This little fellow is prooooooobably a Florida tree snail (Liguus fasciatus). The “tree snails of Florida” identification key is a maze of nearly identical slimy bodies with slightly different patterns of bands on their shells. “Florida tree snail” seems to be what you call it when there aren’t enough bands to identify it properly. I checked its wallet, but couldn’t find any ID.
Snails in Florida vary from “beneficial native snail” to “giant invasive African land snail out to steal our children”. Most of the smaller, tree snails lean toward the “beneficial” end of the spectrum, eating algae, fungi, and lichen on trees. Liguus (and other tree snails in Florida) have characteristic “ovate-conical”, or bulimoid, shells.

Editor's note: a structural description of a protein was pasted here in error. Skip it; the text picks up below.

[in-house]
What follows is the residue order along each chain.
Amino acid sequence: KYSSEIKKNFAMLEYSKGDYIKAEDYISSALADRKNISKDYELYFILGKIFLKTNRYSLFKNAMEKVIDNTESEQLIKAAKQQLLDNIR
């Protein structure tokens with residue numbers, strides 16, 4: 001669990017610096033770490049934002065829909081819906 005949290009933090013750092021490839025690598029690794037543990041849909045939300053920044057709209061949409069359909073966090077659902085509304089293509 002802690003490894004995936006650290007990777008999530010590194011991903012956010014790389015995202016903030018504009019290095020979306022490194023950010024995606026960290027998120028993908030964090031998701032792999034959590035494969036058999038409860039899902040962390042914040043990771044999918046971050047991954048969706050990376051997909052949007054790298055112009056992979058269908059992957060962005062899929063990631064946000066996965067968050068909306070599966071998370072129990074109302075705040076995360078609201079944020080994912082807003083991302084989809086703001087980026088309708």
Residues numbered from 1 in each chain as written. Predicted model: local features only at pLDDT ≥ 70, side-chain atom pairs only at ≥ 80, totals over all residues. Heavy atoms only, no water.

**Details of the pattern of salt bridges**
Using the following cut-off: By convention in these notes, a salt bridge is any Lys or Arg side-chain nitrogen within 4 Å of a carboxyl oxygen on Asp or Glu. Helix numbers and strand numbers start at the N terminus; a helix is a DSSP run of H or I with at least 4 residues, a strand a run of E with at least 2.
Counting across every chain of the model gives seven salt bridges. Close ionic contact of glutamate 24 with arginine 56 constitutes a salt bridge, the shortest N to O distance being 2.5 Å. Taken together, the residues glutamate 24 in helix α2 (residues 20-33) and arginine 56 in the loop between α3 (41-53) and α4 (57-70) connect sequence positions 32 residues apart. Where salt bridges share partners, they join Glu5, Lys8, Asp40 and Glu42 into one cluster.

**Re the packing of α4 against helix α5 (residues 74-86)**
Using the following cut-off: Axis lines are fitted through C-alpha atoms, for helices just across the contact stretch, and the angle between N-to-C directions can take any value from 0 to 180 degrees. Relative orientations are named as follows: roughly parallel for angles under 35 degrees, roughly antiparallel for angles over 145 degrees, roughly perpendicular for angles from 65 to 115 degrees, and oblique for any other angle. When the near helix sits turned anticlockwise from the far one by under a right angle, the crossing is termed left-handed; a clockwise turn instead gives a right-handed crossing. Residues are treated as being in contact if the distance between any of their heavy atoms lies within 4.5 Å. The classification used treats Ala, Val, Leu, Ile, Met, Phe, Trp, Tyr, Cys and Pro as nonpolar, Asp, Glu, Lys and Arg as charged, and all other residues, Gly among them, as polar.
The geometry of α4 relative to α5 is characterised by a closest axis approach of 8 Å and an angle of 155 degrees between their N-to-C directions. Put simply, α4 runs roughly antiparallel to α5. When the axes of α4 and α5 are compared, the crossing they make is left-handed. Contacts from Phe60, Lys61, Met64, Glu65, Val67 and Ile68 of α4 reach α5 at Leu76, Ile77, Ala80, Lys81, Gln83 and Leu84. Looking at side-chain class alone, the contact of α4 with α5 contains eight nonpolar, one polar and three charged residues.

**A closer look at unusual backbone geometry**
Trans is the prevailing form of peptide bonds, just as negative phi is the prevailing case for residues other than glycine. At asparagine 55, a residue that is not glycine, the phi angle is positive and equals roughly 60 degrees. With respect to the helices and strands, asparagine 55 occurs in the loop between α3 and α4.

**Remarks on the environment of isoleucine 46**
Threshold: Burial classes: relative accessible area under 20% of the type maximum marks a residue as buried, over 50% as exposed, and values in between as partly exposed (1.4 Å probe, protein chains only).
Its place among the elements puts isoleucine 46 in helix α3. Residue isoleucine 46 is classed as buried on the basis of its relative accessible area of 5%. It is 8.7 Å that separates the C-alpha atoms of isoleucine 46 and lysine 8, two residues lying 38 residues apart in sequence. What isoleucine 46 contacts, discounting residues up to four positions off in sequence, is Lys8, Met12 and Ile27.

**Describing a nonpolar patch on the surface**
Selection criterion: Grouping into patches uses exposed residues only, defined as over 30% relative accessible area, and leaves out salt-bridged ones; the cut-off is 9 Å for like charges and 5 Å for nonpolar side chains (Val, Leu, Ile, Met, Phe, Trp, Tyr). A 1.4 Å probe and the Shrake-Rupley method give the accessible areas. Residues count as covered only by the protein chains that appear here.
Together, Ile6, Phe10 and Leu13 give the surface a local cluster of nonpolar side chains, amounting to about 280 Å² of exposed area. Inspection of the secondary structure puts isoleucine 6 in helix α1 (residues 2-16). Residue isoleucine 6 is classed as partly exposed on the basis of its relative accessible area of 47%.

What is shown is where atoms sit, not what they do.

The Florida tree snail is about 40-70mm long as an adult. It prefers smooth-barked trees such as wild tamarind, poisonwood, and mastic. They estivate (become dormant) between December and April, sealing themselves to a tree with mucus to prevent dehydration during the dryer months of winter. They are hermaphroditic, like many snails; they mate in late summer, and lay eggs in the leaf litter at the bases of trees. They can live to be six or seven years old.
Believe it or not, this is a protected species! Overzealous shell collectors, as well as habitat destruction, have greatly reduced their population. (I did not bother this one in any way.)